Unit-Door Locks

Most self-storage operators have a policy that requires tenants to use a “strong” lock with a solid mechanism, such as a disc, limited-hasp or cylinder lock. Some are even using electronic locks. If you have a policy requiring a particular type of lock and some of your tenants are still using padlocks or luggage locks, this is a good time to help avoid future break-ins by insisting they resolve the situation.

Proof of Insurance

Many self-storage operations now require each tenant to provide proof of contents insurance or enrollment, or to buy into a protection plan offered by the business. Last year, my office assisted nine facilities that had experienced fires between Labor Day and Dec. 1. It was the most we’d ever seen in a three-month period. Disasters happen, so it’s imperative that you help your tenants protect their belongings.

Following a loss, most customers who have insurance will receive a payment, sign a release, and go away quietly without social media muss or fuss. However, those without coverage will also expect you to pay them, even though they signed a rental agreement stating that you aren’t responsible for their goods. In some of the fire cases mentioned above, tenants are refusing to collect what remains of their goods and vacate their units, which is delaying demolition of damaged buildings, because the operator won’t pay. Even though you aren’t legally on the hook for these losses, tenants can still create a miserable situation and obstruct your ability to restore the business.

Take the time to review your renters’ insurance compliance. Do you have paperwork for all your tenants? If you don’t offer a tenant-insurance or tenant-protection plan, institute one and begin getting your customers to sign on or provide proof of their own coverage. Remember, leopards don’t change their spots. If you have tenants who don’t want to cooperate with you now, imagine how they’ll act after a real disaster such as a fire. Now’s the time to clean up your documents.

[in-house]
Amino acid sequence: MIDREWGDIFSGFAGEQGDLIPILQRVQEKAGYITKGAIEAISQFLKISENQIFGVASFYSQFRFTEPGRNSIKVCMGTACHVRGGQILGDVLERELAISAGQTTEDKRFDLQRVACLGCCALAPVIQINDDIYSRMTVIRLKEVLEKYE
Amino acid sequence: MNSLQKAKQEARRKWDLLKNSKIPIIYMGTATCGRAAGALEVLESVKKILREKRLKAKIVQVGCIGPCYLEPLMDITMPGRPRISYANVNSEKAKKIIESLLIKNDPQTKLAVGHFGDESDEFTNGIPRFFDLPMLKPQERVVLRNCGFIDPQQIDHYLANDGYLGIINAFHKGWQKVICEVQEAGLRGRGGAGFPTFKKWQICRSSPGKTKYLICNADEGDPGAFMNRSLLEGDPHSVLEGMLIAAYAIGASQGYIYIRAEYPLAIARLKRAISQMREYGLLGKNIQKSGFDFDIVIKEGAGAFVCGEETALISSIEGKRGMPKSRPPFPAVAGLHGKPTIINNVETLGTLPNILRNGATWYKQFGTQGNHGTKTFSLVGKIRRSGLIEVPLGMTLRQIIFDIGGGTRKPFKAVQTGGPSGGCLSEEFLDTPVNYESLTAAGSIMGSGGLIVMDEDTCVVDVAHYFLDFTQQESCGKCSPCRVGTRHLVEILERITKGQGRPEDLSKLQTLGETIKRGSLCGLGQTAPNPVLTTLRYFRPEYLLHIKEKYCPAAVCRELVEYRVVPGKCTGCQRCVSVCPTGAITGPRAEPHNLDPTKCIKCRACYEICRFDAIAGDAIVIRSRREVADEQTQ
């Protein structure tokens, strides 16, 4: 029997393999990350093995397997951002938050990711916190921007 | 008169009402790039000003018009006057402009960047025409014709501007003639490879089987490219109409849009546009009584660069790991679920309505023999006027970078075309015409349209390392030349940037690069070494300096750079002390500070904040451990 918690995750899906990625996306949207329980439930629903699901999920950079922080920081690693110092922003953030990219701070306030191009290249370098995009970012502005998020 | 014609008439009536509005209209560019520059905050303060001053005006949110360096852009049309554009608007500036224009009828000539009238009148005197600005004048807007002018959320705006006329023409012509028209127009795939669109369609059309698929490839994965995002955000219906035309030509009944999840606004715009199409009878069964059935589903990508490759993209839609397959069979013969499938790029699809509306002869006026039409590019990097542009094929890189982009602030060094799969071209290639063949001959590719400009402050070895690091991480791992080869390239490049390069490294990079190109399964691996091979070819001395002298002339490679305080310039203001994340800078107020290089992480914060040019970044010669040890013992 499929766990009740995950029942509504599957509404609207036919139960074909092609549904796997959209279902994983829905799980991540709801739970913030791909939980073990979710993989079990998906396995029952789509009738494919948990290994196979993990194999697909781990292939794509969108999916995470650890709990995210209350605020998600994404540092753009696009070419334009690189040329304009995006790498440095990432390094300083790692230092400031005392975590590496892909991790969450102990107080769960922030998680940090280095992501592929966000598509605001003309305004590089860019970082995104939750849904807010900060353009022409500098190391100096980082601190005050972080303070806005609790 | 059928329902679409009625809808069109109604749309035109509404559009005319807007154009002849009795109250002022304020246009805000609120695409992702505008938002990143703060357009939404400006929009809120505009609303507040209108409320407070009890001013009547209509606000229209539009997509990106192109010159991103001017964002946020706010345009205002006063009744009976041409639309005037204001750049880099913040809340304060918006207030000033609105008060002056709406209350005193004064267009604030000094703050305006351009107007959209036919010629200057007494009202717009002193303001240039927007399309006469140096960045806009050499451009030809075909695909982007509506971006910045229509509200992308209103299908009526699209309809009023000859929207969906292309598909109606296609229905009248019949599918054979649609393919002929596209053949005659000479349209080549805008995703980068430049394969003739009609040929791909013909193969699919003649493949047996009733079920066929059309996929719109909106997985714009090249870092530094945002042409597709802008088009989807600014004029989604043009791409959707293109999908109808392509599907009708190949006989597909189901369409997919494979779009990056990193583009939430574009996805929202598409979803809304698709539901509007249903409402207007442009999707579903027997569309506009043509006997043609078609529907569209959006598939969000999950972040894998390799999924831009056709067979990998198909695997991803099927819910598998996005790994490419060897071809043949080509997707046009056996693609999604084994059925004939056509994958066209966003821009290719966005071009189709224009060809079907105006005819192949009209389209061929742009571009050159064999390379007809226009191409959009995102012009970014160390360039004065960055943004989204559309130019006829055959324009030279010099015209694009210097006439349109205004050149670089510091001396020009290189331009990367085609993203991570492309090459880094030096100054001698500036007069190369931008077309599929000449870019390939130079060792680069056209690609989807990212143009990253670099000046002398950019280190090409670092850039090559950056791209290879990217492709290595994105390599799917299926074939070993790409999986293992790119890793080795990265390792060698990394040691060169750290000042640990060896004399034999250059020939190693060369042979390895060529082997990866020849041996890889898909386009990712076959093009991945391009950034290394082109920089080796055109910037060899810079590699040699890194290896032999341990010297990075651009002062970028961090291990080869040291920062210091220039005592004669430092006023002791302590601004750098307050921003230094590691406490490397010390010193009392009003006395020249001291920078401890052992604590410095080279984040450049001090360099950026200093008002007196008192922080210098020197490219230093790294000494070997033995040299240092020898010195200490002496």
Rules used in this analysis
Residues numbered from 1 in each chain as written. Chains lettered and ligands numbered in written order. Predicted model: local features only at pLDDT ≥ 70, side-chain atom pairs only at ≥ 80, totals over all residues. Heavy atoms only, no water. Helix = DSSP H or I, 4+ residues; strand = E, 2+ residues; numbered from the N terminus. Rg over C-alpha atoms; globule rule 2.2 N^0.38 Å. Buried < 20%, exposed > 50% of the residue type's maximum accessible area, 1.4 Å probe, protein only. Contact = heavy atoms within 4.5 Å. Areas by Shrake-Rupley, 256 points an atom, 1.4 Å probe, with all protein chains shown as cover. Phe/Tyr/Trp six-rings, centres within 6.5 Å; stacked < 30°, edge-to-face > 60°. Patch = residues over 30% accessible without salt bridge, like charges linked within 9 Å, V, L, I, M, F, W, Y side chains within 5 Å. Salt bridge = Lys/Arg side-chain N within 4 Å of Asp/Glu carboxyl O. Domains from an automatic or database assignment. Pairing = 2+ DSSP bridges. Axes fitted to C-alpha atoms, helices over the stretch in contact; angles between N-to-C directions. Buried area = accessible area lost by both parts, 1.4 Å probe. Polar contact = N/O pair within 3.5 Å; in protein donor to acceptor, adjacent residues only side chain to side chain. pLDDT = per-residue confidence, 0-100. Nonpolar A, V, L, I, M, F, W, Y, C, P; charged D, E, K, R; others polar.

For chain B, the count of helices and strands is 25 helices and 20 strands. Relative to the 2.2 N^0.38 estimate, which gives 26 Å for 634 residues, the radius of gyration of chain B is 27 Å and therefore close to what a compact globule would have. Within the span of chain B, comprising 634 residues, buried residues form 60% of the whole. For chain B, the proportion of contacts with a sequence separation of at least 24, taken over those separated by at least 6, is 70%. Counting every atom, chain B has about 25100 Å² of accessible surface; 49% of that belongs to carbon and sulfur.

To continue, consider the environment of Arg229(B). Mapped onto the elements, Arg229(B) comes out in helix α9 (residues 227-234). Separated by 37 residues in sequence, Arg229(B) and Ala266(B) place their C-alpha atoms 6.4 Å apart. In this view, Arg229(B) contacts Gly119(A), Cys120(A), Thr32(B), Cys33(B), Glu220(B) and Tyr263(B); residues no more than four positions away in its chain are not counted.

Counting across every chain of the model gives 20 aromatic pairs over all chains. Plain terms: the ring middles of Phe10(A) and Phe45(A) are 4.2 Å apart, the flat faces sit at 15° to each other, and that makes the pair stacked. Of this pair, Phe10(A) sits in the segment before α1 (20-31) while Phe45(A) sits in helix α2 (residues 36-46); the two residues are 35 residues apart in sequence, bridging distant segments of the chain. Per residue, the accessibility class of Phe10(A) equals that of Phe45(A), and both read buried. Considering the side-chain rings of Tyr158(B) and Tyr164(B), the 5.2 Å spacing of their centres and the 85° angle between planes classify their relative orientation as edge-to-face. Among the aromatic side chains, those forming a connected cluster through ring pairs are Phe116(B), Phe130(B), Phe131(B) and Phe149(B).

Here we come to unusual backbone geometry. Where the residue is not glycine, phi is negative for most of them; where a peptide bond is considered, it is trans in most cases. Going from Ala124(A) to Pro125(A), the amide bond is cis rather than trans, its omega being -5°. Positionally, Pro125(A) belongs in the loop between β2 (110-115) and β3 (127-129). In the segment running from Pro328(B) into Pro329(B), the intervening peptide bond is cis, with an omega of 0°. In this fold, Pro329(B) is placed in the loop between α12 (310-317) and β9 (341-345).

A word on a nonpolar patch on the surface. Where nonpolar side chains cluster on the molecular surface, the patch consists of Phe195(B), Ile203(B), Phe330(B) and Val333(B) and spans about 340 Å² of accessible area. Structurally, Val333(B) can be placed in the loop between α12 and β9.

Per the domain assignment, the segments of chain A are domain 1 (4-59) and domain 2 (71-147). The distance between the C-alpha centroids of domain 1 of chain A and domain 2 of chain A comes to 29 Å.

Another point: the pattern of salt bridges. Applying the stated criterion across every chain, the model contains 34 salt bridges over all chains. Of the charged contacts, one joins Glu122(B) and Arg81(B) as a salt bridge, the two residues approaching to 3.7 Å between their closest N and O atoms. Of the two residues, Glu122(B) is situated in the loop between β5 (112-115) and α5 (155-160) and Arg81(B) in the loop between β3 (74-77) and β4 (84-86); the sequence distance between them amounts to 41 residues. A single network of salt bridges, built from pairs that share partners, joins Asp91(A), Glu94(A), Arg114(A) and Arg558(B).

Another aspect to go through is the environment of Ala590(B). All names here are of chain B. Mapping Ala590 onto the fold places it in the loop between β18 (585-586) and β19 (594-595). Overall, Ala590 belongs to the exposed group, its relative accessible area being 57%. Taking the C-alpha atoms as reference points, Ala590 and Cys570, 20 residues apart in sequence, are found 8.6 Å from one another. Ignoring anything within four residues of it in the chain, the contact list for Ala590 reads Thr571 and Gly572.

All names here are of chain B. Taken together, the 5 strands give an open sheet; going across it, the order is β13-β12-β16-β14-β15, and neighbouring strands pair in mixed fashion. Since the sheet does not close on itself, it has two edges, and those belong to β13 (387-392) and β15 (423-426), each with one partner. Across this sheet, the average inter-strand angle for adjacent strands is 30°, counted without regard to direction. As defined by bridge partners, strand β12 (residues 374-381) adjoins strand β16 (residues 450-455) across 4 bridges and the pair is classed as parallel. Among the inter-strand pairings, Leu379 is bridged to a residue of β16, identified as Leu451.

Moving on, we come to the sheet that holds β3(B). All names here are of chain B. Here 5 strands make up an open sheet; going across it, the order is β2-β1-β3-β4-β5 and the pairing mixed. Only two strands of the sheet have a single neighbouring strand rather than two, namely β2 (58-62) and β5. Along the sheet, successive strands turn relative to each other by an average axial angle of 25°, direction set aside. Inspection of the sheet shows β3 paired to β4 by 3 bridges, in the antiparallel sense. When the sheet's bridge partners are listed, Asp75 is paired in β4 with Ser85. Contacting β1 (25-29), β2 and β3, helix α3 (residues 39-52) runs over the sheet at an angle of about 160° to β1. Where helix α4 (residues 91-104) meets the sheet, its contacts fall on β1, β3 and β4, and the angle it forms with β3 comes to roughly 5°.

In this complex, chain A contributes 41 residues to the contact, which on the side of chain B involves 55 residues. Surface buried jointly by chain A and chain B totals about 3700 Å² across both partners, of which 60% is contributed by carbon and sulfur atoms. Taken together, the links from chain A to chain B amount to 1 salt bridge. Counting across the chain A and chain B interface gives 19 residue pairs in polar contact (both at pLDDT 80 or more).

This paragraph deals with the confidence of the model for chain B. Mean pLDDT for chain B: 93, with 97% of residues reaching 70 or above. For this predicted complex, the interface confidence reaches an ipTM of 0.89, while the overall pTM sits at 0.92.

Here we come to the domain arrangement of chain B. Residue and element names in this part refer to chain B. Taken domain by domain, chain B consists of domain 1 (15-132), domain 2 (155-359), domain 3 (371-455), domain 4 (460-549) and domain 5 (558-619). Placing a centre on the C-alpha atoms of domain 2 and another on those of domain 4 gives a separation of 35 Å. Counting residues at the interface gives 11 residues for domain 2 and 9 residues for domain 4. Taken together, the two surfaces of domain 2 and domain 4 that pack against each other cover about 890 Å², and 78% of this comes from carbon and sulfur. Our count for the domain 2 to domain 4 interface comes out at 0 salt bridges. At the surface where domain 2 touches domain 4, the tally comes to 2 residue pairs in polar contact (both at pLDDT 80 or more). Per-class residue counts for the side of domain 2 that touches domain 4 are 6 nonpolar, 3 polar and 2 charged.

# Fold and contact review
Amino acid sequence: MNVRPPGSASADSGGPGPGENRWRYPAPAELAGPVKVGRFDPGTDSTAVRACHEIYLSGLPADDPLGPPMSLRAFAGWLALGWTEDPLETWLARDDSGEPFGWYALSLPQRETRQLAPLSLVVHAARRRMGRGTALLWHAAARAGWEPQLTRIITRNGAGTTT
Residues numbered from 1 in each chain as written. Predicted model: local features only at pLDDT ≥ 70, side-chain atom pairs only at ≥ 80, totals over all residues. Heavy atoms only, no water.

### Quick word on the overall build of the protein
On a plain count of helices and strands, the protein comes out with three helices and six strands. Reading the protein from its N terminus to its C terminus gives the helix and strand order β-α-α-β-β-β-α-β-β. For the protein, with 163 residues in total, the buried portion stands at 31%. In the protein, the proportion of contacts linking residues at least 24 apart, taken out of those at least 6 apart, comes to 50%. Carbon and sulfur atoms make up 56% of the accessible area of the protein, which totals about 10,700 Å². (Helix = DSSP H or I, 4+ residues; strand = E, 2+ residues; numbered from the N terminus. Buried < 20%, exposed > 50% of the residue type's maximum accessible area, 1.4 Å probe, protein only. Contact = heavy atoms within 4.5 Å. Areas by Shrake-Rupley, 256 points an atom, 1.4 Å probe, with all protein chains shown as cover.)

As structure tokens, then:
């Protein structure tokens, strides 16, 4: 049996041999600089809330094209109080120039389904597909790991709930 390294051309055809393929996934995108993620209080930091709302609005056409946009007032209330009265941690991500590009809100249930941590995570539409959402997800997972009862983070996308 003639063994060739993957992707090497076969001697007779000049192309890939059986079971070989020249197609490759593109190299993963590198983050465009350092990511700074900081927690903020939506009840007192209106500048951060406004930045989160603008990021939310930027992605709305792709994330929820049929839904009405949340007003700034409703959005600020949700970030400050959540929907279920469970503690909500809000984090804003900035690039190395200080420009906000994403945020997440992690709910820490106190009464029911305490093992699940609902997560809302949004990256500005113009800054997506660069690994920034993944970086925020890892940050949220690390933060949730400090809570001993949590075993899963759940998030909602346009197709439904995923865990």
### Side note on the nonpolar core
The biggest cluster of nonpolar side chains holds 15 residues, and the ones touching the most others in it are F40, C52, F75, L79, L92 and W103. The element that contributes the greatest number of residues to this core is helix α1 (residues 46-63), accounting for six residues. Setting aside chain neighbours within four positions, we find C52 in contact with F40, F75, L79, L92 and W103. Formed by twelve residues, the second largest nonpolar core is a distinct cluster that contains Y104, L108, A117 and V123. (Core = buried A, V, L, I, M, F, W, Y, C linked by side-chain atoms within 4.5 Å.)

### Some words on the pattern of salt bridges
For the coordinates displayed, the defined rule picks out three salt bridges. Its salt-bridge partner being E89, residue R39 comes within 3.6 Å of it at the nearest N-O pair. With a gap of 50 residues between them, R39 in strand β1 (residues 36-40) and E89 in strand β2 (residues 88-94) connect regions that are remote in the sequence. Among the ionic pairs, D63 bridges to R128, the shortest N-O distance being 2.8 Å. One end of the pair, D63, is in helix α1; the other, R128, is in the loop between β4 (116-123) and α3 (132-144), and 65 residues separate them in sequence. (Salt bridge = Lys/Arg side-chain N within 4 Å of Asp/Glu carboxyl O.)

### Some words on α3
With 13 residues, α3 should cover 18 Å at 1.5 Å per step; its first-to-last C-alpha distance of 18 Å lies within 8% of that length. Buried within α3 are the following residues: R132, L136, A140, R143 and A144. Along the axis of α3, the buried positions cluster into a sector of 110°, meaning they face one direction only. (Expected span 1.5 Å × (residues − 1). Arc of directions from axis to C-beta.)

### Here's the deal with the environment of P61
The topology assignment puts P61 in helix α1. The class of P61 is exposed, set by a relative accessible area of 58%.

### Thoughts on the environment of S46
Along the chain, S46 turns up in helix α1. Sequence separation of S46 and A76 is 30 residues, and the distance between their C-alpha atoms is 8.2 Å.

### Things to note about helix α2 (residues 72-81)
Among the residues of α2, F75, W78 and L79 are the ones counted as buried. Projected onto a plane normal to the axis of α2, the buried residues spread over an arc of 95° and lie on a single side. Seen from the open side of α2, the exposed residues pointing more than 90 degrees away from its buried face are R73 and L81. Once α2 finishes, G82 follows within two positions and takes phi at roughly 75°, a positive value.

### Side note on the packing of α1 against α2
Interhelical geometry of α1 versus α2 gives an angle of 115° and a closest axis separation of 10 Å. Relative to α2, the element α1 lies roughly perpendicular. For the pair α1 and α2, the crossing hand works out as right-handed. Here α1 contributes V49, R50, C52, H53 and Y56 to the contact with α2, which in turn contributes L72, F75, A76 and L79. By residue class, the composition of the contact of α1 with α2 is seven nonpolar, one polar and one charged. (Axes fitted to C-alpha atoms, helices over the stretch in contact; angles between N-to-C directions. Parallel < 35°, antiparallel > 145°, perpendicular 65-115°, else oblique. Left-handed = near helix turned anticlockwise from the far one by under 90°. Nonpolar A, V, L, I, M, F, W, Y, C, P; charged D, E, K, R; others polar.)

Time to Cut Bait?

Did you know that a major cell-phone company fires its “100 worst customers” every year? It figured out that those who were the most demanding and caused the most trouble for its service representatives are never going to be good, long-term buyers. They now cut bait with those people before there’s a serious issue.

I’m not advocating that you fire 100 of your self-storage tenants, but if you have a few who don’t want to comply with your company policies—while you have a waiting list of prospects who are eager to get into empty units—this is a good time to enforce obedience or wish them well. A few small steps taken now is an excellent investment. If you’re doing as well as most operators these days, you now have the time and financial comfort to enforce your rules. In doing so, you’ll be braced for future problems.

This column is for the purpose of providing general legal insight into the self-storage field and should not be substituted for the advice of your own attorney.

Jeffrey Greenberger is a partner in the Cincinnati law firm of Greenberger & Brewer LLP. Licensed to practice in Kentucky and Ohio, he focuses primarily on representing the owners and operators of commercial real estate, including self-storage. His website, selfstoragelegal.com, contains legal opinions and insights as well as an article archive. To reach him, call 513.698.9350; email jeff@grbrlaw.com.